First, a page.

I sometimes hate joke/fantasize about nailing a SE candidate with an obscure BPG or esoteric DNS question and then being outwardly disappointed in his response, watching him realize he’s going to lose this job over something I found completely reasonable to ask, but ultimately entirely useless to his position

withinboredom11 hours ago

It doesn't help that most of it is completely abstract and intangible. You can immediately spot the difference between a skyscraper and a chair, but not many can tell the difference between a e2e encrypted chat app and a support chat app. It's an 'app' but they are about as different between a chair and a skyscraper in architecture and systems.

+1
albertgoeswoof11 hours ago
motives13 hours ago

I think the important point here is that even pilots dont know the full mechanics of a modern jet engine (AFAIK at least, I don't have an ATPL so not 100% on the syllabus). They may know basics like the Euler turbine equation and be able to run some basic calculations across individual rows of blades, but they most likely will not fully understand the fluid mechanics and thermodynamics involved (and especially not the trade secrets of how the entire blades are grown from single crystals).

This is absolutely fine, and one can draw parallels in software, as a mid level software engineer working in an AWS based environment wont generally need to know how to parse TCP packet headers, despite the software/infrastructure they work on requiring them.

+3
ashtonkem13 hours ago
ampdepolymerase13 hours ago

Yes and no, for a private pilot license you are taught through intuition and diagrams. No Navier Stokes, no Lattice Boltzmann, no CFD. The FAA does not require you to be able to solve boundary condition physics problems to fly an aircraft.

ashtonkem13 hours ago

Modern jet pilots certainly know much less about airplane functions than they did in the 1940s, and modern jet travel is much safer than it was even a decade ago.

lanstin12 hours ago

Software today is more like jets in the 1940s than modern day air travel. Still crashing a lot and learning a lot and amazing people from time to time.

LinuxBender13 hours ago

Many of them know the checklists for their model of aircraft. The downside of the checklists is that they sometimes explain the "what" and not the "why". They are supposed to be taught the why in their simulator training. Newer aircraft are going even further in that direction of obfuscation to the pilots. I expect future aircraft to even perform automated incident checklist actions. To your point, not everyone follows the checklists when they are having an incident as the FDR often reports.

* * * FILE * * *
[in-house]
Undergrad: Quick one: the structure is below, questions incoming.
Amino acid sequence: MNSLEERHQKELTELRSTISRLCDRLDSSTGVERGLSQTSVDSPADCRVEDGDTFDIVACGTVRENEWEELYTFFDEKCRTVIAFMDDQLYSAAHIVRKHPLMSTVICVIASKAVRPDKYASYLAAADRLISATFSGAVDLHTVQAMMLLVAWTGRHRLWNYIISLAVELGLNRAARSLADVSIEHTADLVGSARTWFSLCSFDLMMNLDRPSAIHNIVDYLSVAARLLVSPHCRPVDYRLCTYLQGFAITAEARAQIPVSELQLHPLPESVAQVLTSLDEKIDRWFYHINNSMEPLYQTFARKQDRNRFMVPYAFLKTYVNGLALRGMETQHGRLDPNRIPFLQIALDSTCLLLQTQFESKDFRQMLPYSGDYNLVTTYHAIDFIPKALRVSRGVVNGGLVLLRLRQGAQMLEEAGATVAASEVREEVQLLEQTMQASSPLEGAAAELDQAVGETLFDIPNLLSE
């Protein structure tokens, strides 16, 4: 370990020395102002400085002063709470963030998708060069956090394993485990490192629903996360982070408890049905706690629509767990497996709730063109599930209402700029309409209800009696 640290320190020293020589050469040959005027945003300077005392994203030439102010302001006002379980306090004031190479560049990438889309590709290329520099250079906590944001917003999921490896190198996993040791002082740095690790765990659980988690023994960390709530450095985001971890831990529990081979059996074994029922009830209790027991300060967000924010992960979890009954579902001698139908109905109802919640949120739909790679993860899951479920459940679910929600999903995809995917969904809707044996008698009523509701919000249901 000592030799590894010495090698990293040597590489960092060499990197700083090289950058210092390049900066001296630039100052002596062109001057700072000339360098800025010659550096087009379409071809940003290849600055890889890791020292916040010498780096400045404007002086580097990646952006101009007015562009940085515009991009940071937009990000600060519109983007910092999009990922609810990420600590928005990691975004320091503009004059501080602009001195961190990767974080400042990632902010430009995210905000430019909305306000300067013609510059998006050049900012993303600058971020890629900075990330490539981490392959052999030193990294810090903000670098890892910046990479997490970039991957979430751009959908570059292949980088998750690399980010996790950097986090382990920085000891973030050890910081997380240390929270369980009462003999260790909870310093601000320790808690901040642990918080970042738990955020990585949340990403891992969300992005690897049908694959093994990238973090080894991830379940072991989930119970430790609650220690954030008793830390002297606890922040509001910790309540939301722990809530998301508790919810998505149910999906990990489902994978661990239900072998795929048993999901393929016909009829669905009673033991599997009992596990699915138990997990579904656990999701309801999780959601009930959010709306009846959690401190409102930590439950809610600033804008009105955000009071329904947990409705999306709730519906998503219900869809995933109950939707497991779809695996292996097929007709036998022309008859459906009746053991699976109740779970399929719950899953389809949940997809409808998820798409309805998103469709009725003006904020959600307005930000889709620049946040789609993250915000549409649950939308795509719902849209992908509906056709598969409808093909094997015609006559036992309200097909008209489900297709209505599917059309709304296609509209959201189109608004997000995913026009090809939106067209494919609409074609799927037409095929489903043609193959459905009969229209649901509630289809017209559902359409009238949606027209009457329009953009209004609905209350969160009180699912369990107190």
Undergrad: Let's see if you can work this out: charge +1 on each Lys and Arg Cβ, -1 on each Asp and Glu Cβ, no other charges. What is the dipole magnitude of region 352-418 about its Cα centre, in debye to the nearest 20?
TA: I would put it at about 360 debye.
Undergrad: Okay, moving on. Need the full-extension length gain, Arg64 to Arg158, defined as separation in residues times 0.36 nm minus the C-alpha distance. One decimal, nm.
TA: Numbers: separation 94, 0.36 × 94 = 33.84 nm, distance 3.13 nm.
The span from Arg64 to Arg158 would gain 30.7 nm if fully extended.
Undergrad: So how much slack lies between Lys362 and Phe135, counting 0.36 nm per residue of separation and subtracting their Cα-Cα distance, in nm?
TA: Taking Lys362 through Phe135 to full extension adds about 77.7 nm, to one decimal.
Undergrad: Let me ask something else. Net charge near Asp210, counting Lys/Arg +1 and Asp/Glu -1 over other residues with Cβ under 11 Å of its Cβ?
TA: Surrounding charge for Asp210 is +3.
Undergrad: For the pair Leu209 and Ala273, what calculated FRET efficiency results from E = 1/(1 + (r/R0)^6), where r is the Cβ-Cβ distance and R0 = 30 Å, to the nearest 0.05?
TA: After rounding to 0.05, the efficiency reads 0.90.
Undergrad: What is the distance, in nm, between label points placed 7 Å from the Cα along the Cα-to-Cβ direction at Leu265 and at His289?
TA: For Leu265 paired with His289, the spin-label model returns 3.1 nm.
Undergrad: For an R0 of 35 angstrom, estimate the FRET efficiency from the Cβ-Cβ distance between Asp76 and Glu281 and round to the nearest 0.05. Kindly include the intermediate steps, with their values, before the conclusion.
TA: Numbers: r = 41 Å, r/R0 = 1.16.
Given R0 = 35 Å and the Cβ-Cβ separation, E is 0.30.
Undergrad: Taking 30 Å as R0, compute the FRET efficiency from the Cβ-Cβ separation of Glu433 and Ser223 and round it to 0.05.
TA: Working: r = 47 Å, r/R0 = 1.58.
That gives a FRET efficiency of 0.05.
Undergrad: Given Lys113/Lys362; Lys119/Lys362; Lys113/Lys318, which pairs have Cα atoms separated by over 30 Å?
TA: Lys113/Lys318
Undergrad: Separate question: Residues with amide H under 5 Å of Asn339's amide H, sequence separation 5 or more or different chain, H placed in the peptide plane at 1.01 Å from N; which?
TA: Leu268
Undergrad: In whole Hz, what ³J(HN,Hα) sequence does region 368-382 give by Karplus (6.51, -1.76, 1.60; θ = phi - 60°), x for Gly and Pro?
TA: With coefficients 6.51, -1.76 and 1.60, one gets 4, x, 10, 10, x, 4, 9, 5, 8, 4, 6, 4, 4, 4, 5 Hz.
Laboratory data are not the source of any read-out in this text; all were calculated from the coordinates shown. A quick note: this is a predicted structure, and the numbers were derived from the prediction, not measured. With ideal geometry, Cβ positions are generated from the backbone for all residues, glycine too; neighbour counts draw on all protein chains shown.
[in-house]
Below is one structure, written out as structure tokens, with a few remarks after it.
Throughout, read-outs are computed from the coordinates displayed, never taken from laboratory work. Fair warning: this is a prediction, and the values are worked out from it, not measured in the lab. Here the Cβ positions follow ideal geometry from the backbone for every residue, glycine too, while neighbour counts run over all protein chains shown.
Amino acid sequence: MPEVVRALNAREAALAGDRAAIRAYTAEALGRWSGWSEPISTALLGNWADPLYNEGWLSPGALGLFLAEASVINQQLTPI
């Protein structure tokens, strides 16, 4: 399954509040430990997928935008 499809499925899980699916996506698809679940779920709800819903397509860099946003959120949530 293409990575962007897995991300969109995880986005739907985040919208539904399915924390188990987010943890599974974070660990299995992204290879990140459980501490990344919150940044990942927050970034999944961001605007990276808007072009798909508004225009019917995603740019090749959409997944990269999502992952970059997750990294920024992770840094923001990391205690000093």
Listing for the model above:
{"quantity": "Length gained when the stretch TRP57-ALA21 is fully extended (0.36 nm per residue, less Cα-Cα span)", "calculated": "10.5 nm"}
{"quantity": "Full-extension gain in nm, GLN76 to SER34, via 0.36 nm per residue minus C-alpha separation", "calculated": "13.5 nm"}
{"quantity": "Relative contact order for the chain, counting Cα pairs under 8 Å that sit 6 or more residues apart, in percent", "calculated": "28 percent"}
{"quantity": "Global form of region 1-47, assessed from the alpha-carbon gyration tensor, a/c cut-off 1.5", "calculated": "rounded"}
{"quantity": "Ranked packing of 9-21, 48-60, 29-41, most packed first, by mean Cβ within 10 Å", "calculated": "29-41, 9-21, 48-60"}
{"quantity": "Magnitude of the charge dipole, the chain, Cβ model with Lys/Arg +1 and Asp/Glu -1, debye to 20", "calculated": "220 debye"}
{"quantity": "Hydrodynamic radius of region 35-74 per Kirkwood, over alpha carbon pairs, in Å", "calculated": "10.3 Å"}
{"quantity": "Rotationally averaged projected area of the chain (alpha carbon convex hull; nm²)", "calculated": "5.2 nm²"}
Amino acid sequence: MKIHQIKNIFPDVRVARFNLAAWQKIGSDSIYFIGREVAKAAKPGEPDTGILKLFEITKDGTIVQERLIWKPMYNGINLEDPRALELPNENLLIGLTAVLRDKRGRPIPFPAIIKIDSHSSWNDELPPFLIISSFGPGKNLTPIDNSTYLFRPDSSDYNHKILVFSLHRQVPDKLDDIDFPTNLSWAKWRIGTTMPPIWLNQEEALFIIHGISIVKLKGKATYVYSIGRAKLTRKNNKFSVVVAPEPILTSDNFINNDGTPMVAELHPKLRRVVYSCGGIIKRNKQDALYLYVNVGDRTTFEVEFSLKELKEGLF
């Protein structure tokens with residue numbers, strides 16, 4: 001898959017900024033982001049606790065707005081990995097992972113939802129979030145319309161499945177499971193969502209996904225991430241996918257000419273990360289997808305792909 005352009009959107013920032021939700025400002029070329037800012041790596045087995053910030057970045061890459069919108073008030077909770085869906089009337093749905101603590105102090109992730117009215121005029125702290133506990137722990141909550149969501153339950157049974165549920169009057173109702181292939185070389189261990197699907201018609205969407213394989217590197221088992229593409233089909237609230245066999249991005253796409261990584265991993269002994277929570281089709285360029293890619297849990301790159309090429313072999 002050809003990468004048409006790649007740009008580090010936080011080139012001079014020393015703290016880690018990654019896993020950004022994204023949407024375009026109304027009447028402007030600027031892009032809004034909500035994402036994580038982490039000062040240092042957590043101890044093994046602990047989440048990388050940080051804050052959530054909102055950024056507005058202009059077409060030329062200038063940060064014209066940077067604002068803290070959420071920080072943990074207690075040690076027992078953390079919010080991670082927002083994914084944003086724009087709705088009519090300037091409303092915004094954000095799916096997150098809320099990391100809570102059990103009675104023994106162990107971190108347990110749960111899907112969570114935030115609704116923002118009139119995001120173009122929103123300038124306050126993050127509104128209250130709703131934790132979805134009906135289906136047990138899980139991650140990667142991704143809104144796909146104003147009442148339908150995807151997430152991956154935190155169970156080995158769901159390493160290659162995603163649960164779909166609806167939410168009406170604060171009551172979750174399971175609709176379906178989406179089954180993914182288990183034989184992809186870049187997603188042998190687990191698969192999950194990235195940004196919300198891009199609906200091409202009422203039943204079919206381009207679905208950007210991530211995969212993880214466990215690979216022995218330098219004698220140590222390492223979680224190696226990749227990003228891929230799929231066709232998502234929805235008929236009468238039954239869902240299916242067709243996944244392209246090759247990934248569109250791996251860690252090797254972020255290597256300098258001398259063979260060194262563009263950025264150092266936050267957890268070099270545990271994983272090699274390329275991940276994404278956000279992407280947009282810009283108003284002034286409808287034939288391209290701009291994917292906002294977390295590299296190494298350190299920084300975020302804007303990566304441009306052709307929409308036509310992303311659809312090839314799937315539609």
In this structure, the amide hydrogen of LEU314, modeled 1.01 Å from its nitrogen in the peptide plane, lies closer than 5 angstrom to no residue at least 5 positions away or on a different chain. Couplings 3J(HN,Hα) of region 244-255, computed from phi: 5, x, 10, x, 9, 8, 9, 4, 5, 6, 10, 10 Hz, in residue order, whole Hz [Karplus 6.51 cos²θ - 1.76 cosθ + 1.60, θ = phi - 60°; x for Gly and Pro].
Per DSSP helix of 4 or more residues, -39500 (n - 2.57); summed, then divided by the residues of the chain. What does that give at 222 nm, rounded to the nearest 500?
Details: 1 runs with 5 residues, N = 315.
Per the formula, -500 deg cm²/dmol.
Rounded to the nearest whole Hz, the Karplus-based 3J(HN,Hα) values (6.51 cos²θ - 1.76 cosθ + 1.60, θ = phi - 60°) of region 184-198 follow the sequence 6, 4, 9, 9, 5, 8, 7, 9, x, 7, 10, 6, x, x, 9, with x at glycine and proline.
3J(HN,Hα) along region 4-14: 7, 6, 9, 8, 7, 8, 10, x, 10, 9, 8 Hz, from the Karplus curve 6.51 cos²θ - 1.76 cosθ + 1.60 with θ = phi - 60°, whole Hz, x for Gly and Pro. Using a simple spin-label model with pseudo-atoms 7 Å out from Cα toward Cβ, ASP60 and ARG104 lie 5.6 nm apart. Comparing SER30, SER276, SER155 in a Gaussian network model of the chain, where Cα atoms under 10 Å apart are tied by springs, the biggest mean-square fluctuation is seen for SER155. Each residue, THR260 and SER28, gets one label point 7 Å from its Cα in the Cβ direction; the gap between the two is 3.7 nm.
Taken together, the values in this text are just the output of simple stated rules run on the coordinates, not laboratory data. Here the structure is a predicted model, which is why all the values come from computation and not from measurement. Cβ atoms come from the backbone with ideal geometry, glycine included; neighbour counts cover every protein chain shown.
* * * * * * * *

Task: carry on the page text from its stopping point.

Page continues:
puffyvolvo13 hours ago

most pilots probably don't know how any specific plane's engine works further than what inputs give what outcomes and a few edgecases. larger aircrafts have most of their functions abstracted away with some models effectively pretending to act like older ones to ship them out faster (commercial pilots have to be certified per plane iirc, so more familiar plane = quicker recertification), which has led to a couple disasters recently as the 'emulation' isn't exact. this is still a huge net benefit as larger planes are far more complicated than a little cessna and much harder to control with all that momentum, mass, and airflow.

Koshkin13 hours ago

Perhaps it is not about a jet engine, but I find this beautiful presentation extremely fascinating:

https://www.faa.gov/regulations_policies/handbooks_manuals/a...

Aeolun8 hours ago

I guess I don’t really understand what a socket is? It’s a magic thingy that allows two computers/processes to communicate and sometimes has trouble with NAT.

I know how to use it certainly, but how the hell it is implemented is more or less black magic to me.

Now that’s not to say I couldn’t learn how a socket works. It’s just never been at all relevant to performing my job.

nikau2 hours ago

Yes, but you should at least know some basic troubleshooting skills like running netstat to see a socket in syn sent or whatever to get an idea if there is a network connectivity issue to your endpoint.

void_mint13 hours ago

> Look closely at the software landscape. The companies that do well are the ones who rely least on big companies and don’t have to spend all their cycles catching up and reimplementing and fixing bugs that crop up only on Windows XP.

Can we provide an example that isn't also a big company? I'm not really thinking of big companies that don't either dogfood their own tech or rely on someone bigger to handle things they don't want to (Apple spends 30m a month on AWS, as an example[0]). You could also make the argument that kind of no matter what route you take you're "relying on" some big player in some big space. What OS are the servers in your in-house data center running? Who's the core maintainer of whatever dev frameworks you might ascribe to (note: An employee of your company being the core maintainer of a bespoke framework that you developed in house and use is a much worse problem to have than being beholden to AWS ELB, as an example).

This kinda just sounds like knowledge and progress. We build abstractions on top of technologies so that every person doesn't have to know the nitty gritty of the underlying infra, and can instead focus on orchestrating the abstractions. It's literally all turtles. Is it important, when setting up a MySQL instance, to know how to write a lexer and parser in C++? Obviously not. But lexers and parsers are a big part of MySQL's ability to function, right?